BuzzFeed is shrinking and shifting the focus of its Pulitzer prize-winning news division as the digital media company, best known for its lighthearted lists and quizzes, strives to increase its profitability.
The New York-based company is offering voluntary buyouts in its high-profile, 100-person newsroom and some top editors are leaving. They include Mark Schoofs, the editor-in-chief of BuzzFeed News, and deputy editor-in-chief Tom Namako, who announced a move to NBC News Digital on Tuesday. Ariel Kaminer, the executive editor for investigations, is also leaving.
BuzzFeed News is unprofitable but has won awards, including its first Pulitzer last year, and its staff has been regularly poached by traditional news organizations. BuzzFeed spokesman Matt Mittenthal said about 35 people were eligible for the buyouts, but the company doesn’t expect all of them to take one.
Buyouts will be offered to news staffers on the investigations, inequality, politics and science teams, as BuzzFeed focuses more on big breaking news and lighter content.
“We’ve had freedom to chase wild, impossible stories,” tweeted Rosalind Adams, an investigative reporter at BuzzFeed News. “It’s a sad day to watch @BuzzFeedNews move away from valuing that work.”
CNBC has reported, citing anonymous sources, that company shareholders have pushed for even bigger changes, reportedly urging the CEO, Jonah Peretti, to shut down the entire news operation. BuzzFeed declined to comment to CNBC about its reporting.
Beyond the newsroom buyouts, the company also said it is cutting 1.7% of its staff. In a January filing with securities regulators, BuzzFeed said it had 1,524 US and international employees, so the cuts would amount to roughly 25 people.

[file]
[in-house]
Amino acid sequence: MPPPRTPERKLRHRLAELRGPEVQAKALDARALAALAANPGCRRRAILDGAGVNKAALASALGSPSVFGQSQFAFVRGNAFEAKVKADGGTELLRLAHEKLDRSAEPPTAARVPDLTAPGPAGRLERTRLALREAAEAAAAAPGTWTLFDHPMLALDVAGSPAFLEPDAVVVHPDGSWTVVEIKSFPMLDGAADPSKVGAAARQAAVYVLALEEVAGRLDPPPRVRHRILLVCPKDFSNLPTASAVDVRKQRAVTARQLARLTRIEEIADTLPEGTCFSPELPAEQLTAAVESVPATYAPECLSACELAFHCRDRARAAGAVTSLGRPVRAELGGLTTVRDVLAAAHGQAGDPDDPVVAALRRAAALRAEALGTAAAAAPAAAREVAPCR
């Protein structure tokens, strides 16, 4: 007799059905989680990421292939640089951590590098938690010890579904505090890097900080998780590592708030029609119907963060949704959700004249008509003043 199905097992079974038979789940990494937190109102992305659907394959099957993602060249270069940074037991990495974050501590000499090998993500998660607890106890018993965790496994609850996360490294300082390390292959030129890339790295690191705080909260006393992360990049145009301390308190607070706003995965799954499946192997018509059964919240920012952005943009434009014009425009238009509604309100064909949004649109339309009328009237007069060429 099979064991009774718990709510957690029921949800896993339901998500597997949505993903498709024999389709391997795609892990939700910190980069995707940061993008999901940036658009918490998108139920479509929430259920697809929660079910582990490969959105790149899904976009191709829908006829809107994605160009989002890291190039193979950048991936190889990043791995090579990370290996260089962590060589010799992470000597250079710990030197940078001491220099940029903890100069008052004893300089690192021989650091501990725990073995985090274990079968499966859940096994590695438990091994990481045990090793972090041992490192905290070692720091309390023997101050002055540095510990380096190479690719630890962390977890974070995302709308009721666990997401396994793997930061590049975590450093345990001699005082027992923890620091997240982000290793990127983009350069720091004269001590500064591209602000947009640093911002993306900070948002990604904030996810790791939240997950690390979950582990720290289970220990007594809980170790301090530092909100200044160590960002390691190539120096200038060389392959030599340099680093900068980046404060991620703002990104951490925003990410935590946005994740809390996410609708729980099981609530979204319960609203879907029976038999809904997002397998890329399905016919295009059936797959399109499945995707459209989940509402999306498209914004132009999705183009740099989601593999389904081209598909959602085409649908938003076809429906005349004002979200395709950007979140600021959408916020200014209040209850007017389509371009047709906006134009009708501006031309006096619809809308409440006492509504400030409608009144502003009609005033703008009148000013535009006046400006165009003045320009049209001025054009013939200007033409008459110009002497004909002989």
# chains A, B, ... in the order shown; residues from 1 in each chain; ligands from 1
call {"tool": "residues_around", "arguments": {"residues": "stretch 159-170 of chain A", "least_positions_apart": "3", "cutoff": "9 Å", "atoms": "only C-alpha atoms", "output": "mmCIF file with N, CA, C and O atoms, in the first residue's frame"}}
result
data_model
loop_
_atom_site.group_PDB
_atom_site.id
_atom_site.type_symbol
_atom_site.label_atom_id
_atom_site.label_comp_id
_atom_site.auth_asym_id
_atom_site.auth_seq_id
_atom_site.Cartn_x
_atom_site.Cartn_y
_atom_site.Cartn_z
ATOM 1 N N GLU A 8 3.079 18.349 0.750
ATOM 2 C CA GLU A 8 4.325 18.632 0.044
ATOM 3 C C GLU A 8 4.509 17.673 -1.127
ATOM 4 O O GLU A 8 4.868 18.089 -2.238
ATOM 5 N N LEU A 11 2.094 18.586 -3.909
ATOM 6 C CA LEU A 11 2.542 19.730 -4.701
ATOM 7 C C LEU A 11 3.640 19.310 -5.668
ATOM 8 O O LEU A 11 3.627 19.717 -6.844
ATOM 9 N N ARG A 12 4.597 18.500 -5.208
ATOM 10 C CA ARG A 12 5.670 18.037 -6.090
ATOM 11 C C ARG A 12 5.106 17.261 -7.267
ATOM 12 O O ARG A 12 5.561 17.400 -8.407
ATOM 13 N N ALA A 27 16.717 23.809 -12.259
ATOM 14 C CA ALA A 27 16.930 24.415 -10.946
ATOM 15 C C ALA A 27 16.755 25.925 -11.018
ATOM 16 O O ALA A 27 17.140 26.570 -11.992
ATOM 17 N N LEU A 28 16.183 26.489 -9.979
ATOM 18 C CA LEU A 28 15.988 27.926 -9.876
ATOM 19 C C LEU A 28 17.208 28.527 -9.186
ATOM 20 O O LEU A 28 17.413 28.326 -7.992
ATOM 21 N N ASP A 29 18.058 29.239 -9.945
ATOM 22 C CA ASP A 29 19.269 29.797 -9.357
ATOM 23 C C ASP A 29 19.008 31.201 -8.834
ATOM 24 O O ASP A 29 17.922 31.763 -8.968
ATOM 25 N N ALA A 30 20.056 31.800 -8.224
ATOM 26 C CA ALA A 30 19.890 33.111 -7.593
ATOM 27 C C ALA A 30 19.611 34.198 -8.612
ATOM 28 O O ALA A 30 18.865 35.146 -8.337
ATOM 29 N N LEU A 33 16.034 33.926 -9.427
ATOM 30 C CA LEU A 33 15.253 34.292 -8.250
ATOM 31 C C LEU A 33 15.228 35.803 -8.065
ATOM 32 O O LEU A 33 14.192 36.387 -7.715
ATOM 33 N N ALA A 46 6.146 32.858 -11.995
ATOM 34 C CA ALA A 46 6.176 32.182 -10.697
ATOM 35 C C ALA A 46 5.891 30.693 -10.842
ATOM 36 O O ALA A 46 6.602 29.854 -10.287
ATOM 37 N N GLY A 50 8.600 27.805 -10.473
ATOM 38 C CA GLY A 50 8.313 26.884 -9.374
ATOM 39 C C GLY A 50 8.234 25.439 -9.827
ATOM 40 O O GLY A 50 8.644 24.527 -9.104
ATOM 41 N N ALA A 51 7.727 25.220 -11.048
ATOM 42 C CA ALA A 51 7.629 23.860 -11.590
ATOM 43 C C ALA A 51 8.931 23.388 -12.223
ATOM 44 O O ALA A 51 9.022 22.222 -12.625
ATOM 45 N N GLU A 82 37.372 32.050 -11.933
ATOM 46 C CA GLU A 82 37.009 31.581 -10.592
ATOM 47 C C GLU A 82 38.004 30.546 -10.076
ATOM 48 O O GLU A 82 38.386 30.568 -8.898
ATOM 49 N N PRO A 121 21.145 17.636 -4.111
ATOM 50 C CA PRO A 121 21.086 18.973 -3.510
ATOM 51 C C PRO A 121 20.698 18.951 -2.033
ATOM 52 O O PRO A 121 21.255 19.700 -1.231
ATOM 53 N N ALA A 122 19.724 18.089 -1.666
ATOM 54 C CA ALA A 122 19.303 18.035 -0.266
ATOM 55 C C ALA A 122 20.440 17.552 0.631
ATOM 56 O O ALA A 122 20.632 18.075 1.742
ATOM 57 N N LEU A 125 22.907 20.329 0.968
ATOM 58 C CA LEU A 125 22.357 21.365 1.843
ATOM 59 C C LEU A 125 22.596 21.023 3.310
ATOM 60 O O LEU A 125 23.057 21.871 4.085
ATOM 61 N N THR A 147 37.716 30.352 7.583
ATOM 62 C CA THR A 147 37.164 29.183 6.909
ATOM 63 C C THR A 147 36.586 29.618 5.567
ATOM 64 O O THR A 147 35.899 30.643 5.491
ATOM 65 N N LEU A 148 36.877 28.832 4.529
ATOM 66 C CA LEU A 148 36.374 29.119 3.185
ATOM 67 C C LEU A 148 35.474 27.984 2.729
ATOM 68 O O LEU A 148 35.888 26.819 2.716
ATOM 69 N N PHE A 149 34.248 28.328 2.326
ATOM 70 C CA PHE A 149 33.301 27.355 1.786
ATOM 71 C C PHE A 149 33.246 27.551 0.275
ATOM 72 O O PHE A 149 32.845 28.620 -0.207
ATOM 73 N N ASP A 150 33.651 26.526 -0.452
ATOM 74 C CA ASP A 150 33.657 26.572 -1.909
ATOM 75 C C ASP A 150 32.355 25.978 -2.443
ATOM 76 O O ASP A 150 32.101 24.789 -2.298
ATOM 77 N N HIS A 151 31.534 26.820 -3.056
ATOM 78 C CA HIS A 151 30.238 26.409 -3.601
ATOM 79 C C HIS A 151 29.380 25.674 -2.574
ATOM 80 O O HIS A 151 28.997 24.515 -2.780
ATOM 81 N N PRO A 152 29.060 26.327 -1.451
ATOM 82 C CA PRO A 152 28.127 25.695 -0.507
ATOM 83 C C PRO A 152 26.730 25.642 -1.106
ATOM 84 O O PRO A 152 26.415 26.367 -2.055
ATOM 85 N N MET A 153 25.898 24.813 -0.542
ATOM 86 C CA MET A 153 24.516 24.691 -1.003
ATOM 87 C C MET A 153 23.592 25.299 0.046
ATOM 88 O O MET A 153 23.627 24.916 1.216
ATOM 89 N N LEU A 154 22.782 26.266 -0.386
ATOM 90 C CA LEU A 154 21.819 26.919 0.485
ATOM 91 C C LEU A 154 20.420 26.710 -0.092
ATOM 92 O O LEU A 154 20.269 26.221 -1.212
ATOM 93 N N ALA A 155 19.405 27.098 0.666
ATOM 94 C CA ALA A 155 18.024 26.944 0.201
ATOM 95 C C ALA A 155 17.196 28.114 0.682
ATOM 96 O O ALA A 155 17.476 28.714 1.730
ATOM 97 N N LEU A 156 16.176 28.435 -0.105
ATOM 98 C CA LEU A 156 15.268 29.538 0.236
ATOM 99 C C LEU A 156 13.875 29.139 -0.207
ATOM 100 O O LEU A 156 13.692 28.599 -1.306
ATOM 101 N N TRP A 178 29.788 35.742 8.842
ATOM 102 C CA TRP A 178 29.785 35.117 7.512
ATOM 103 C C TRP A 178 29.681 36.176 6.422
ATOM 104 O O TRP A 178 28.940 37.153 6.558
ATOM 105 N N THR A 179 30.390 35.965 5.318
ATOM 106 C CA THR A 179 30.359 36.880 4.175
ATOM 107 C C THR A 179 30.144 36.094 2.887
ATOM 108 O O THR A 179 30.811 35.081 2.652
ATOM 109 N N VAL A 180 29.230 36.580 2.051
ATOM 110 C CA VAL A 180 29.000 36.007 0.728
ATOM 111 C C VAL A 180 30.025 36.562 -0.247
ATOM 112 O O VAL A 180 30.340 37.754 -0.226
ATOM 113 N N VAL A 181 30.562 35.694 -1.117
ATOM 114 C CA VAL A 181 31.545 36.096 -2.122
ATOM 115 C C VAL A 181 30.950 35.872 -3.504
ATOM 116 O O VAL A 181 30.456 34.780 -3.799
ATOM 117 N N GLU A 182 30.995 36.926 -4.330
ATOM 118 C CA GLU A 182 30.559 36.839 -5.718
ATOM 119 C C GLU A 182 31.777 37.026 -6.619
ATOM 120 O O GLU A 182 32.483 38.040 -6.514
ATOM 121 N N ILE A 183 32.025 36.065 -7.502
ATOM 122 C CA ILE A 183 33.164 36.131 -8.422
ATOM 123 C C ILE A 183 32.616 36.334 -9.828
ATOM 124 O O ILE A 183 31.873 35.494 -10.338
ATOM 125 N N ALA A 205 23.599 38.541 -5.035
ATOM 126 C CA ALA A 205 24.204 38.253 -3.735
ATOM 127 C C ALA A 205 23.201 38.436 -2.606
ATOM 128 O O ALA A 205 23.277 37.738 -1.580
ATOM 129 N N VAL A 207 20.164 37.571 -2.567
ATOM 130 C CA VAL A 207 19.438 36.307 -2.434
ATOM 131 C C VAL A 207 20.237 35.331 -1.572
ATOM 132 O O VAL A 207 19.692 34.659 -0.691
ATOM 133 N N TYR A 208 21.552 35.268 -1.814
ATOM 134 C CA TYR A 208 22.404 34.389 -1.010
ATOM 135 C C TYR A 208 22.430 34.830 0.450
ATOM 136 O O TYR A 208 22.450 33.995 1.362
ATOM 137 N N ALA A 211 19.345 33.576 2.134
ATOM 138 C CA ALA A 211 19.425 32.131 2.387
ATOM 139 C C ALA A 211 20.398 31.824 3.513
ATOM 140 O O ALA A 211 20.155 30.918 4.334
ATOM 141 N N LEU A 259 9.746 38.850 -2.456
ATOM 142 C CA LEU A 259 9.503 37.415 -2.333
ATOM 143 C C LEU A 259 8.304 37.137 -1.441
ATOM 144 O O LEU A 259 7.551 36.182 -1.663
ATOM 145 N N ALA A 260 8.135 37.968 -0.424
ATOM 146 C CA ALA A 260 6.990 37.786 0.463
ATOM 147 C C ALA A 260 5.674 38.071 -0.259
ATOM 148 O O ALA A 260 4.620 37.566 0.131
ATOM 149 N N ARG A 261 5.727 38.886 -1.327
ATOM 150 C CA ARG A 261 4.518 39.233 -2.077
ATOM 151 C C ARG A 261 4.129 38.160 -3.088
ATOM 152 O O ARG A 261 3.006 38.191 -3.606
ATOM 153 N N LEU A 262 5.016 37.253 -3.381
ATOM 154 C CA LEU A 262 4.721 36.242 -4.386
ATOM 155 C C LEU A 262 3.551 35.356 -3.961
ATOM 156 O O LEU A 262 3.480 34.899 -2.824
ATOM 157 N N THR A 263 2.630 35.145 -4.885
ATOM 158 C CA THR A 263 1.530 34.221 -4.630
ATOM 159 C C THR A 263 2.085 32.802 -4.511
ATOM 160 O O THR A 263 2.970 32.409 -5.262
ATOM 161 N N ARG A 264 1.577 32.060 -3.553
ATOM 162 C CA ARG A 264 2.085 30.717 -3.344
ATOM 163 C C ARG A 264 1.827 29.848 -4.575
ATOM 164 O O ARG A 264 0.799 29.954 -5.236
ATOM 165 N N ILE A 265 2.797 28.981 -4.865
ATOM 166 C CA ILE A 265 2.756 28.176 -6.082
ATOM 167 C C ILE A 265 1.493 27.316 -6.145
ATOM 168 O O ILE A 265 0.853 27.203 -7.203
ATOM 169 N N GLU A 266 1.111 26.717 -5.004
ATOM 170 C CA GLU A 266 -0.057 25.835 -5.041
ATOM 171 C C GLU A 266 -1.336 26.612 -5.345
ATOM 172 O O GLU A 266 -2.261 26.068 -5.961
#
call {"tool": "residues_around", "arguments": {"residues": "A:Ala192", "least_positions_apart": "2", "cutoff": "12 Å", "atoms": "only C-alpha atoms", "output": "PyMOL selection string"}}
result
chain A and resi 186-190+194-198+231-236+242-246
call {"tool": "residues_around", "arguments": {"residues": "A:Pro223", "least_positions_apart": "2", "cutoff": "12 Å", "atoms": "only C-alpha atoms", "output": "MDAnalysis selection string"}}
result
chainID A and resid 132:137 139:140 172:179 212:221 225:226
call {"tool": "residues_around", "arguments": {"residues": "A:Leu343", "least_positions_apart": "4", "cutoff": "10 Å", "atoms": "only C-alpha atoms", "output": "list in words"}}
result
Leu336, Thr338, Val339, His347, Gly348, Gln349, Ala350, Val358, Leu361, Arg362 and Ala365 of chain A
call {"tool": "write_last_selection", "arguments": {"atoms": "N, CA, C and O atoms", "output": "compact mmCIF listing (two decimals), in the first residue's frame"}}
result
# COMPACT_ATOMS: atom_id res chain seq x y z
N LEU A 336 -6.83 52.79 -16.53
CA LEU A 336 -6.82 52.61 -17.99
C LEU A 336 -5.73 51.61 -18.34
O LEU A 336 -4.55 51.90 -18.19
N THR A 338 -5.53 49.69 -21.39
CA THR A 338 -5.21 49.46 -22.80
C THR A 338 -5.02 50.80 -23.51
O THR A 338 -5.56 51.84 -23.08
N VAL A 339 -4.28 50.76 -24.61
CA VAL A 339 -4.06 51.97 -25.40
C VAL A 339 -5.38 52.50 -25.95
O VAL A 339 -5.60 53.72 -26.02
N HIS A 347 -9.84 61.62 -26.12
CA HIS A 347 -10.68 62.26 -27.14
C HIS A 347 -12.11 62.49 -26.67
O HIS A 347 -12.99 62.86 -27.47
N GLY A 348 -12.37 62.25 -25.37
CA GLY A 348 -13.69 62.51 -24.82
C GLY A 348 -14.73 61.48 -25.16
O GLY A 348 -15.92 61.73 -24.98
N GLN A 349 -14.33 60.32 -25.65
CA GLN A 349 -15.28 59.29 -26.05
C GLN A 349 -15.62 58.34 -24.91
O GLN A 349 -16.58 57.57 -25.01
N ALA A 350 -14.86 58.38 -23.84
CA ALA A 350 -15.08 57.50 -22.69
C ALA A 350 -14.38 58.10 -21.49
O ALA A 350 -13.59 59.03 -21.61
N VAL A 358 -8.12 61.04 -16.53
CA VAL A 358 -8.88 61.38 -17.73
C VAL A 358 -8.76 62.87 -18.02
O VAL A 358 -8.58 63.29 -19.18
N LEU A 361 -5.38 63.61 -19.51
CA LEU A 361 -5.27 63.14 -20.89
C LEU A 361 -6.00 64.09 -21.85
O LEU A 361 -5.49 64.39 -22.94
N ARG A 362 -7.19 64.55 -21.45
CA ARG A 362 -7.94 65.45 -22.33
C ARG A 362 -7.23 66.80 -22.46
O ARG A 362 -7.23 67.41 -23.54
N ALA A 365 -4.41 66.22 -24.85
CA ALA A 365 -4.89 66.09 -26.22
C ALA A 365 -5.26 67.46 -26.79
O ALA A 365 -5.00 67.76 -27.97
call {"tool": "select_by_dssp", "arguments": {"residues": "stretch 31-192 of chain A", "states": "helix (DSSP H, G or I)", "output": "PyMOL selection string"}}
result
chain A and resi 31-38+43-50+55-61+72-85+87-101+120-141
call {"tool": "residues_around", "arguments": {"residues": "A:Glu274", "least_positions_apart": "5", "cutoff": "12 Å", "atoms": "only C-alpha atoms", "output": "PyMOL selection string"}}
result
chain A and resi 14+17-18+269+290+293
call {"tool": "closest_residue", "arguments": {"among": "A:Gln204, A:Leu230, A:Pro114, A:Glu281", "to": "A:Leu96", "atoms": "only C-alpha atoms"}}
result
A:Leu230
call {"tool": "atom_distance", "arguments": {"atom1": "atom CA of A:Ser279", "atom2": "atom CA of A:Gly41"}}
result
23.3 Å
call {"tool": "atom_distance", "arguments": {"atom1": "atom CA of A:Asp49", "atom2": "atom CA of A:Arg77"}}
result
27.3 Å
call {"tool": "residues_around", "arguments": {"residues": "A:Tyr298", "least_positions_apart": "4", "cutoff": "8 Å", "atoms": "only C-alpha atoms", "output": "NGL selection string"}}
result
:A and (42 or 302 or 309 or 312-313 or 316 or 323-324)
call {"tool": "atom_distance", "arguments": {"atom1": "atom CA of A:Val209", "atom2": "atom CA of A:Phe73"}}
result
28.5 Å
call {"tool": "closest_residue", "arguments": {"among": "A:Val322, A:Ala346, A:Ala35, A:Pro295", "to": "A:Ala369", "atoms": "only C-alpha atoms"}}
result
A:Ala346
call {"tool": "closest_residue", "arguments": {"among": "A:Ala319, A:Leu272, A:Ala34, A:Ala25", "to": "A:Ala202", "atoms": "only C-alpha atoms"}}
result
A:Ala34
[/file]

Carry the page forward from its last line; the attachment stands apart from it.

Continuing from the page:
BuzzFeed’s shares have dropped more than 40% since the company went public in early December via what’s known as a SPAC, merging with a company that already trades, rather than an IPO.
The company had a solid year in 2021, it reported Tuesday in its earnings release. Its revenue rose 24% to $397.6m, thanks to increases in e-commerce and ad revenue, and its profit more than doubled, to $25.9m.
But it expects revenue to drop in the current quarter if it includes the acquisition of Complex Networks, a group of pop culture sites BuzzFeed acquired last year. The layoffs separate from the news division will come from BuzzFeed Video and the editorial side of Complex.
BuzzFeed also acquired HuffPost in early 2021, and laid off several dozen of its staffers shortly after.
On BuzzFeed’s earnings call Tuesday, Peretti said the company is accelerating its investment in vertical video, the smartphone format used on the increasingly popular video sharing site TikTok.
As for the news division, it “will need to get smaller” and “prioritize the areas of coverage our audience connects with most”, Peretti said in a memo to employees.
On the earnings call, he said that the company needs to make BuzzFeed News “a stronger financial contributor to the larger business”, and doing so will involve focusing on big breaking news, culture and entertainment, celebrities and “life on the internet”.
The Associated Press contributed reporting